HFA joined with twenty-eight other patient and health advocacy groups to issue the following statement  regarding a final rule released by the U.S. Office of Civil Rights/HHS on Friday, June 12th. The rule, interpreting anti-discrimination provisions of the Affordable Care Act, removes explicit patient protections against discrimination by health care providers and insurers. The groups’ joint statement follows:

“By finalizing these changes, the Administration tries to unwind significant advances that have ensured vulnerable populations, including individuals with pre-existing conditions, are free from discrimination and able to access healthcare. The elimination of these important protections will result in severe consequences for the health and well-being of Americans seeking health care, especially those with serious, acute, chronic or other pre-existing conditions and those in vulnerable and under-served communities.

Many Americans and their dependents will now be less likely to access preventive, diagnostic, and critical health care, or to enforce their rights to obtain such care. This is especially detrimental to the health and well-being of those living with pre-existing conditions, as well as women, LGBTQI+ individuals, people with disabilities, and those with limited English proficiency.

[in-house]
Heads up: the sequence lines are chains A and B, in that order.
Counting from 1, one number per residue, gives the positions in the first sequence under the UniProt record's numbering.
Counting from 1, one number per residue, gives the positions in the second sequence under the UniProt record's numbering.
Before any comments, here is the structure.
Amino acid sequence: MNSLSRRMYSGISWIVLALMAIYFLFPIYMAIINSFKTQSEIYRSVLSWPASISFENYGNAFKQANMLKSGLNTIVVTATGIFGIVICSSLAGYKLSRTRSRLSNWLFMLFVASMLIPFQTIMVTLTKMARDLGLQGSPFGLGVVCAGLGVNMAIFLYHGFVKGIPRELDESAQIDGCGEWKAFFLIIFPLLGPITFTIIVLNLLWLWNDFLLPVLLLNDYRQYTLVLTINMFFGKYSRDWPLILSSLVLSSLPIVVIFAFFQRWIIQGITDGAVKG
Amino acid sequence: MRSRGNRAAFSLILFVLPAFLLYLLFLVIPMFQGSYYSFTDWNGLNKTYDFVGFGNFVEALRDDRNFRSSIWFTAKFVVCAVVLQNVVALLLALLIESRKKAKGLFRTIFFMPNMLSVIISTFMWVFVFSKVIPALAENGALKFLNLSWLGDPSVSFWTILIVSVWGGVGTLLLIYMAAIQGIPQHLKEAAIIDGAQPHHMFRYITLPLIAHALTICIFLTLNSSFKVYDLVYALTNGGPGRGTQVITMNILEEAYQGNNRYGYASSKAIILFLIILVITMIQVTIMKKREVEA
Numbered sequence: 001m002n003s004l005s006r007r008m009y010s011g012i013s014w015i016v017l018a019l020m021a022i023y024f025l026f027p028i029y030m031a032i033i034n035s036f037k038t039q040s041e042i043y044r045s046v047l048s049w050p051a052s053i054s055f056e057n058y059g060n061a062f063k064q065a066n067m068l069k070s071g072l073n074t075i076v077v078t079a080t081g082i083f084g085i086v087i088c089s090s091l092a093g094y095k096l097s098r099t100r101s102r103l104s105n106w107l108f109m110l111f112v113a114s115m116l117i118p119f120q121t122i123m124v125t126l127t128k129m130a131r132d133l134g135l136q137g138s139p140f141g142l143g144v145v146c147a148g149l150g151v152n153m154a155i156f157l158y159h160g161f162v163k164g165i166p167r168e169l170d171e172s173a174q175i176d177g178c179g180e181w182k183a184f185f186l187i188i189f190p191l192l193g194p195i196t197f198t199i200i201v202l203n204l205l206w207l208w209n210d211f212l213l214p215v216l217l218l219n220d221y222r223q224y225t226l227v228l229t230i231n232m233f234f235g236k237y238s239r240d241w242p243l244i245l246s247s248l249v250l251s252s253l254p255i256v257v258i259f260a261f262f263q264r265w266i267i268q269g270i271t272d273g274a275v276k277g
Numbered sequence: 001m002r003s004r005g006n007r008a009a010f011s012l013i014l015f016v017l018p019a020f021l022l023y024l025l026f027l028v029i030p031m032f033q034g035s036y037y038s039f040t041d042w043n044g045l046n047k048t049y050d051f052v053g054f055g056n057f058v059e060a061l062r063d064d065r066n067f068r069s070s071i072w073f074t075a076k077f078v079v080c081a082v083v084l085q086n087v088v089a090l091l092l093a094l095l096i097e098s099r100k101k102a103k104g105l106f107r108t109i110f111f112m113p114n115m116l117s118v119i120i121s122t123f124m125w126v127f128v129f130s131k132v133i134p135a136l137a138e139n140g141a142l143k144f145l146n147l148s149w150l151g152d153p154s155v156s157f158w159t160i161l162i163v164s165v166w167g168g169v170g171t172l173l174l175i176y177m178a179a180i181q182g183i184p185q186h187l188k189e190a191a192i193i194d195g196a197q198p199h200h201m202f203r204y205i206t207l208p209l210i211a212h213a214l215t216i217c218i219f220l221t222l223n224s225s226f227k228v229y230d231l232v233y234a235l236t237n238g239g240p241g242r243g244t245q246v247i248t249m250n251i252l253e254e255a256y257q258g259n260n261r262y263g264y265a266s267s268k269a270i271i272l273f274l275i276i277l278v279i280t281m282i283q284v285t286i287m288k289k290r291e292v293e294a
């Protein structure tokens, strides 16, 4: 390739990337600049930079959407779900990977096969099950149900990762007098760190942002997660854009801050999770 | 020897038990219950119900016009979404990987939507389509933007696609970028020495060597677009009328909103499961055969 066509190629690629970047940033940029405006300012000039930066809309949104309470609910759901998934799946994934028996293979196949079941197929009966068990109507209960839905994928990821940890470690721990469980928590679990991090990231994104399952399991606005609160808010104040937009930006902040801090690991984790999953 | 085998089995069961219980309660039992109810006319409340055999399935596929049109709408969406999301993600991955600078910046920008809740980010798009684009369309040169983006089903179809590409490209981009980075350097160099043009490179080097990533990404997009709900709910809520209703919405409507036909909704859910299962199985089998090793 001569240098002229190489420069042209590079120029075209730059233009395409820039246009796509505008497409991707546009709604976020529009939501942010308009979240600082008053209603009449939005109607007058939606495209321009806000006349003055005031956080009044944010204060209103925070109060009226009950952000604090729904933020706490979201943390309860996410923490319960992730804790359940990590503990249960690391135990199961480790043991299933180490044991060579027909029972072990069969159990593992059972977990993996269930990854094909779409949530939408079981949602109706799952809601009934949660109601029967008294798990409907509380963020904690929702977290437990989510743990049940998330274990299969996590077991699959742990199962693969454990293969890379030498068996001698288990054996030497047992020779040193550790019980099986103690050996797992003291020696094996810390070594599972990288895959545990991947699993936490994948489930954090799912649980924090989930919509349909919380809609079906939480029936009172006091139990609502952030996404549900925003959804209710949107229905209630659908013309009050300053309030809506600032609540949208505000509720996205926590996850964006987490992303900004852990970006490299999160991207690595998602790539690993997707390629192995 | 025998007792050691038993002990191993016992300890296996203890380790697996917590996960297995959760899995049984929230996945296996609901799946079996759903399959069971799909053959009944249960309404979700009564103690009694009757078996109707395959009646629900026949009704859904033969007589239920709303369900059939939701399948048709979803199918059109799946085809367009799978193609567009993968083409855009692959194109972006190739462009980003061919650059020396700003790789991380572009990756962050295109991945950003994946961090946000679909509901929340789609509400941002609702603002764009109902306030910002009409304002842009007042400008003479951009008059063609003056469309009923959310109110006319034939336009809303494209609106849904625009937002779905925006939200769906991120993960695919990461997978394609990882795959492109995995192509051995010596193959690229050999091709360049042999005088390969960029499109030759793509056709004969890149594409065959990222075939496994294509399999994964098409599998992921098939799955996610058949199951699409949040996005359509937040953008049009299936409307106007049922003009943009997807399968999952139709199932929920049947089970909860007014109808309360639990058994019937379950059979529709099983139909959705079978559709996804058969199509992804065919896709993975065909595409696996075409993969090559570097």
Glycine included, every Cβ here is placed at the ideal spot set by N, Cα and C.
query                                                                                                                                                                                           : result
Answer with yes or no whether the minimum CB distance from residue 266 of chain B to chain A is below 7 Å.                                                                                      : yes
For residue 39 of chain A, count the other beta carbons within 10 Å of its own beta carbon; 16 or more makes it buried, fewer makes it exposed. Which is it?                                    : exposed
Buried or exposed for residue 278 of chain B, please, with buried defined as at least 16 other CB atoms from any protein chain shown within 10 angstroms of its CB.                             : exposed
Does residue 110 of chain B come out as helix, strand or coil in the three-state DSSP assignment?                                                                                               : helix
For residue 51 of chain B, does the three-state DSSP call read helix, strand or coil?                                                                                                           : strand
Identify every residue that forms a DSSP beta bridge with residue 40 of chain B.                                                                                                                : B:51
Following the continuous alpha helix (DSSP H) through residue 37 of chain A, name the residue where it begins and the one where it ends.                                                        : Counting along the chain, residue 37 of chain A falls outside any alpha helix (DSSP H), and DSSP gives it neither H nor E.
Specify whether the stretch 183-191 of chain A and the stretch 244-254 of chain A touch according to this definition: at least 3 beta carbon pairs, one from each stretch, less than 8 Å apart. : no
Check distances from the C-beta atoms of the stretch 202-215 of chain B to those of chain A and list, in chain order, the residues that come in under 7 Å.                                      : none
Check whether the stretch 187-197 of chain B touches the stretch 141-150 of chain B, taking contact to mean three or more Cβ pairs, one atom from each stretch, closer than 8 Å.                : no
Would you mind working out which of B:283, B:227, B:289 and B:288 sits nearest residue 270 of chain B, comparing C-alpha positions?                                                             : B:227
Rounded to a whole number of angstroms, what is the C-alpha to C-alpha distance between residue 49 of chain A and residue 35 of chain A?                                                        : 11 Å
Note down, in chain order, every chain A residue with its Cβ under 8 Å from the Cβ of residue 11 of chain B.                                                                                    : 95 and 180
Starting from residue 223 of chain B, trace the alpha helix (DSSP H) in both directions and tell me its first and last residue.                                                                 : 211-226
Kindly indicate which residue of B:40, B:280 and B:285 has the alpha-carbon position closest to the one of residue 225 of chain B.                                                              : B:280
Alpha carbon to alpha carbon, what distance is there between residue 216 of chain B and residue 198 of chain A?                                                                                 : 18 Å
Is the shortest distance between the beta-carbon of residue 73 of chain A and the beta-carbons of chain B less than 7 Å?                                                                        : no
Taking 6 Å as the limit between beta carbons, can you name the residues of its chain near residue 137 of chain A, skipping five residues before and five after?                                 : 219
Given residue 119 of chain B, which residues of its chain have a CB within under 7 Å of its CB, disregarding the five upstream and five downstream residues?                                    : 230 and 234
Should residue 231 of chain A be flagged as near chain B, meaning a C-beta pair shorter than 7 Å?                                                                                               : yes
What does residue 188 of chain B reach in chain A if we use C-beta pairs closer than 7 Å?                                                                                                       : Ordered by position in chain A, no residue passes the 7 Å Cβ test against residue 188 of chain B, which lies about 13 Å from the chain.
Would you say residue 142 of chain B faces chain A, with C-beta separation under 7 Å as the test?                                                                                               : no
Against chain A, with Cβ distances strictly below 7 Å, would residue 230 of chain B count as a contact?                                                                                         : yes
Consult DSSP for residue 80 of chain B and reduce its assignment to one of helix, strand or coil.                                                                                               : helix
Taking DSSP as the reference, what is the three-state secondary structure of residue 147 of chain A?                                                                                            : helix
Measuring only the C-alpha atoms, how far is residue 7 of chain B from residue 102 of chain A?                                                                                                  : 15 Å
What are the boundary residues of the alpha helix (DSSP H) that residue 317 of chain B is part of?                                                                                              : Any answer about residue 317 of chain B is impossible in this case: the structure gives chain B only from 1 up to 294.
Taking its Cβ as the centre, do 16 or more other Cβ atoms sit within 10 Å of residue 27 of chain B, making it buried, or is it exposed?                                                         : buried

These communities have long faced discrimination, bias, stigma, substandard care, and the denial of care. We are disturbed that the Administration is trying to undermine the equitable application and enforcement of the law—and making it more likely that providers and institutions will discriminate against millions of Americans in need of health care.

Particularly as the world confronts a global pandemic, these actions have no place within our system of care and put the public’s health at risk. Those that fear discrimination will be less likely to seek care and treatment for COVID-19. This puts the entire population at risk and undermines federal, state, and local efforts to control the virus. As a result, we express our continued opposition and deep concern over the changes finalized by the administration and urge immediate action to prevent this regulation from taking full effect.”

Six legal and advocacy organizations have already announced plans to challenge the rule in court. In the meantime, patients should be aware that the ACA provides statutory protection against discrimination – protection that continues notwithstanding the publication of the final rule.



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